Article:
Commodities, which aren't always an excellent first-date topic but fundamental for daily life, made a superb stock impression yesterday with record price fluctuations. For example, nickel saw its biggest dollar increase on record.
What's going on? Concerns that the Ukraine conflict will result in a severe scarcity of essential resources are driving up commodities. Because of port blockades and embargoes, Russia and Ukraine have stopped shipping products consumed worldwide for food, fuel, and manufacturing.
Here's how the Ukraine conflict is rocking global markets.
Rumors that Russia may be subject to an energy embargo prompted European natural gas prices to soar by 345 euros per megawatt-hour earlier in the day. That may or may not signify anything until you consider that before last year's high of 30 euros had never been topped until Friday's high of 300 euros.
Oil prices continued to rise, bringing more financial worry for Americans at the pump. For example, California's gasoline costs have risen 51 cents in the past week, reaching an average of $5.34.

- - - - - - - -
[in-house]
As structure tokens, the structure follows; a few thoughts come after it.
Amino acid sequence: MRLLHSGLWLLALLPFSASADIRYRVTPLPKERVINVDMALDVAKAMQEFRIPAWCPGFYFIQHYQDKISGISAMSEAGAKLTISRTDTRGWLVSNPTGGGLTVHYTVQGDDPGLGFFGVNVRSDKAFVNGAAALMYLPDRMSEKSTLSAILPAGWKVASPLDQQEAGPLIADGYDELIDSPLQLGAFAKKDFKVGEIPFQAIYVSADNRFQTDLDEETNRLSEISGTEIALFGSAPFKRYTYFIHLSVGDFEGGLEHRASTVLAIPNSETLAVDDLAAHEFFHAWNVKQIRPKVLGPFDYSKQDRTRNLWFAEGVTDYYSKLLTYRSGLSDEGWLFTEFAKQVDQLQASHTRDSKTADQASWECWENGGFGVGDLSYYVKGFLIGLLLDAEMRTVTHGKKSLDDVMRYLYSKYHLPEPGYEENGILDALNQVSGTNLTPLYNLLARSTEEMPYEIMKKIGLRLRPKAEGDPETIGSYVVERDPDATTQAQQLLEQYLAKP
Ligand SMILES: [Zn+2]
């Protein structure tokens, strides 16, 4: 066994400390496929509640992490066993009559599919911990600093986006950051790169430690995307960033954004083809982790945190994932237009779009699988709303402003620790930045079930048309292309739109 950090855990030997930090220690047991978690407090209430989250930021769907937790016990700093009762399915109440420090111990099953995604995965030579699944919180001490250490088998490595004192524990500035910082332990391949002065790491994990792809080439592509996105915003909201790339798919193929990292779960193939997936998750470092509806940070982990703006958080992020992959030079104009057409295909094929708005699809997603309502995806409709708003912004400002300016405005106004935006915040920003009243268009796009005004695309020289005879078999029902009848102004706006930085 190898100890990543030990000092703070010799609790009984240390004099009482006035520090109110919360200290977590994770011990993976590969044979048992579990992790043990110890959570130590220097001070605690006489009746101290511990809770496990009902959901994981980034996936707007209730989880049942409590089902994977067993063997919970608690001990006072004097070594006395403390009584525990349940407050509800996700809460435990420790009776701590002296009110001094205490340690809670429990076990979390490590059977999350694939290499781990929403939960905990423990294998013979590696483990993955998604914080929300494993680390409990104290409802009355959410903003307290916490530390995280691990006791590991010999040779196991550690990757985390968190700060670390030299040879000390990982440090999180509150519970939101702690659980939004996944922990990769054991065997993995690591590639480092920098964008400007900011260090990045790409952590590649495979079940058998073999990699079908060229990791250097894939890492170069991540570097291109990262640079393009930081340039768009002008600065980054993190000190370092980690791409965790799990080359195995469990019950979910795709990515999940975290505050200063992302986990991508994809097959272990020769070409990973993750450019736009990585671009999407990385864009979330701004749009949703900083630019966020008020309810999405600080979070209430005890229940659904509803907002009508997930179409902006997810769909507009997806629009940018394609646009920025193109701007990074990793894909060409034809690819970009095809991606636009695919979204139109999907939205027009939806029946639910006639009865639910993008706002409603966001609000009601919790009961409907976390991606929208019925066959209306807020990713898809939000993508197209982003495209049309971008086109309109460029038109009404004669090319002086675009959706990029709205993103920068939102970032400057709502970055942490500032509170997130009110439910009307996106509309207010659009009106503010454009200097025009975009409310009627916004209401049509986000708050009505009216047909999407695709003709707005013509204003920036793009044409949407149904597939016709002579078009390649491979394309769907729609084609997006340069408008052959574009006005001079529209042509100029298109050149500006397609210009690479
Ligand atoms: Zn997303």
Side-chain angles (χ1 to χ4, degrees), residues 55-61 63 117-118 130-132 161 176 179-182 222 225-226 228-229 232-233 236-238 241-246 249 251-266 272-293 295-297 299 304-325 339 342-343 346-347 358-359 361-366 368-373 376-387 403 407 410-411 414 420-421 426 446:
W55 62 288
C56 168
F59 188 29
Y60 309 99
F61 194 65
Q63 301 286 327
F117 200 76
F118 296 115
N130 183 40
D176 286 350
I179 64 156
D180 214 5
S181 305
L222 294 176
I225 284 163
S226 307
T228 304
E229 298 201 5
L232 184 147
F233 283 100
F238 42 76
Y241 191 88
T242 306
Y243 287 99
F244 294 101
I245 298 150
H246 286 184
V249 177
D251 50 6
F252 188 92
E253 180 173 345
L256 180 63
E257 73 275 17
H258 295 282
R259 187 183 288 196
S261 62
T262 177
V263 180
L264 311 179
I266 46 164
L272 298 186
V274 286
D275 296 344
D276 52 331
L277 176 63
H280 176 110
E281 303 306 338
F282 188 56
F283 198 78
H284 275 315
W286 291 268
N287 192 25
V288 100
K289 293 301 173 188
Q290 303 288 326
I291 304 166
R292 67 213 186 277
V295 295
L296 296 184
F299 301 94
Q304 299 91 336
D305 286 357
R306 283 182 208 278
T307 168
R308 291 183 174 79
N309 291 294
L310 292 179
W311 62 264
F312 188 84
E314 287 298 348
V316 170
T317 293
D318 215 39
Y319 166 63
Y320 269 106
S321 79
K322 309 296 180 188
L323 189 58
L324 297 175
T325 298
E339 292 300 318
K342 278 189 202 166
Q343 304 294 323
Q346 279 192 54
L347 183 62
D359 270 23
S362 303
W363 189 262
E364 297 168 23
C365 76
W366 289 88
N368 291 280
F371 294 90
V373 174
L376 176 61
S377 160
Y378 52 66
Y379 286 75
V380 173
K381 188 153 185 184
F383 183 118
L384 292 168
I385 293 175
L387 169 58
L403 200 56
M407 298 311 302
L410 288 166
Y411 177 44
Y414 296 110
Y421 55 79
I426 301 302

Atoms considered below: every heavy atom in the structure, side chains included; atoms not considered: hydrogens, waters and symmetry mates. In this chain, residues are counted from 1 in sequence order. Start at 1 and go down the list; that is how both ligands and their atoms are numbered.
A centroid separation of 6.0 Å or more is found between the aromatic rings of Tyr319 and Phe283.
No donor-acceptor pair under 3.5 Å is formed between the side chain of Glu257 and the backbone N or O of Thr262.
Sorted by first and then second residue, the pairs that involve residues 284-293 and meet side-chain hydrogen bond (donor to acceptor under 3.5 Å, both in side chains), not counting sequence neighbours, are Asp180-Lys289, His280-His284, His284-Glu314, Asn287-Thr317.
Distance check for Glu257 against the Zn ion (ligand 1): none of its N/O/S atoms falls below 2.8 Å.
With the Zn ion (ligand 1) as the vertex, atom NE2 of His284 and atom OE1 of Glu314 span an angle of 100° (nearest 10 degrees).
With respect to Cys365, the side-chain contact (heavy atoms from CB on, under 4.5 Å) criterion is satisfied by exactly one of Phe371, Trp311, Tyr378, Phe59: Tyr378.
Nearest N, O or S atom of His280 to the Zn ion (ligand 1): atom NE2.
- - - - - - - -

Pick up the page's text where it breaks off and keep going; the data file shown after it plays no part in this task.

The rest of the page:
The price of wheat has skyrocketed by more than 50% since the war began, to all-time highs, which is what happens when you shut off roughly one-third of the world's total wheat exports (for which Ukraine and Russia are responsible).
Higher wheat prices will disproportionately hit low-income nations such as Egypt and Indonesia, relying on Ukrainian and Russian grains. However, food prices are now at a peak, putting dinner in jeopardy. Protests erupted throughout the world in 2008 when wheat costs were comparable to those seen today.
According to Bloomberg, nickel has seen one of the most severe swings in metals prices ever. Russia is a leading nickel producer, which is used in EV batteries and also makes stainless steel. Nickel was already short in supply, adding to price pressures: Elon Musk urged businesses to "please mine more nickel" two years ago.
The worldwide economy is taking a hit when it was just getting over the Covid Everything Shortage, which has added to the world's supply problems. However, because an economic expansion doesn't accompany this supply crunch, it raises the danger of stagflation and eventual recessions.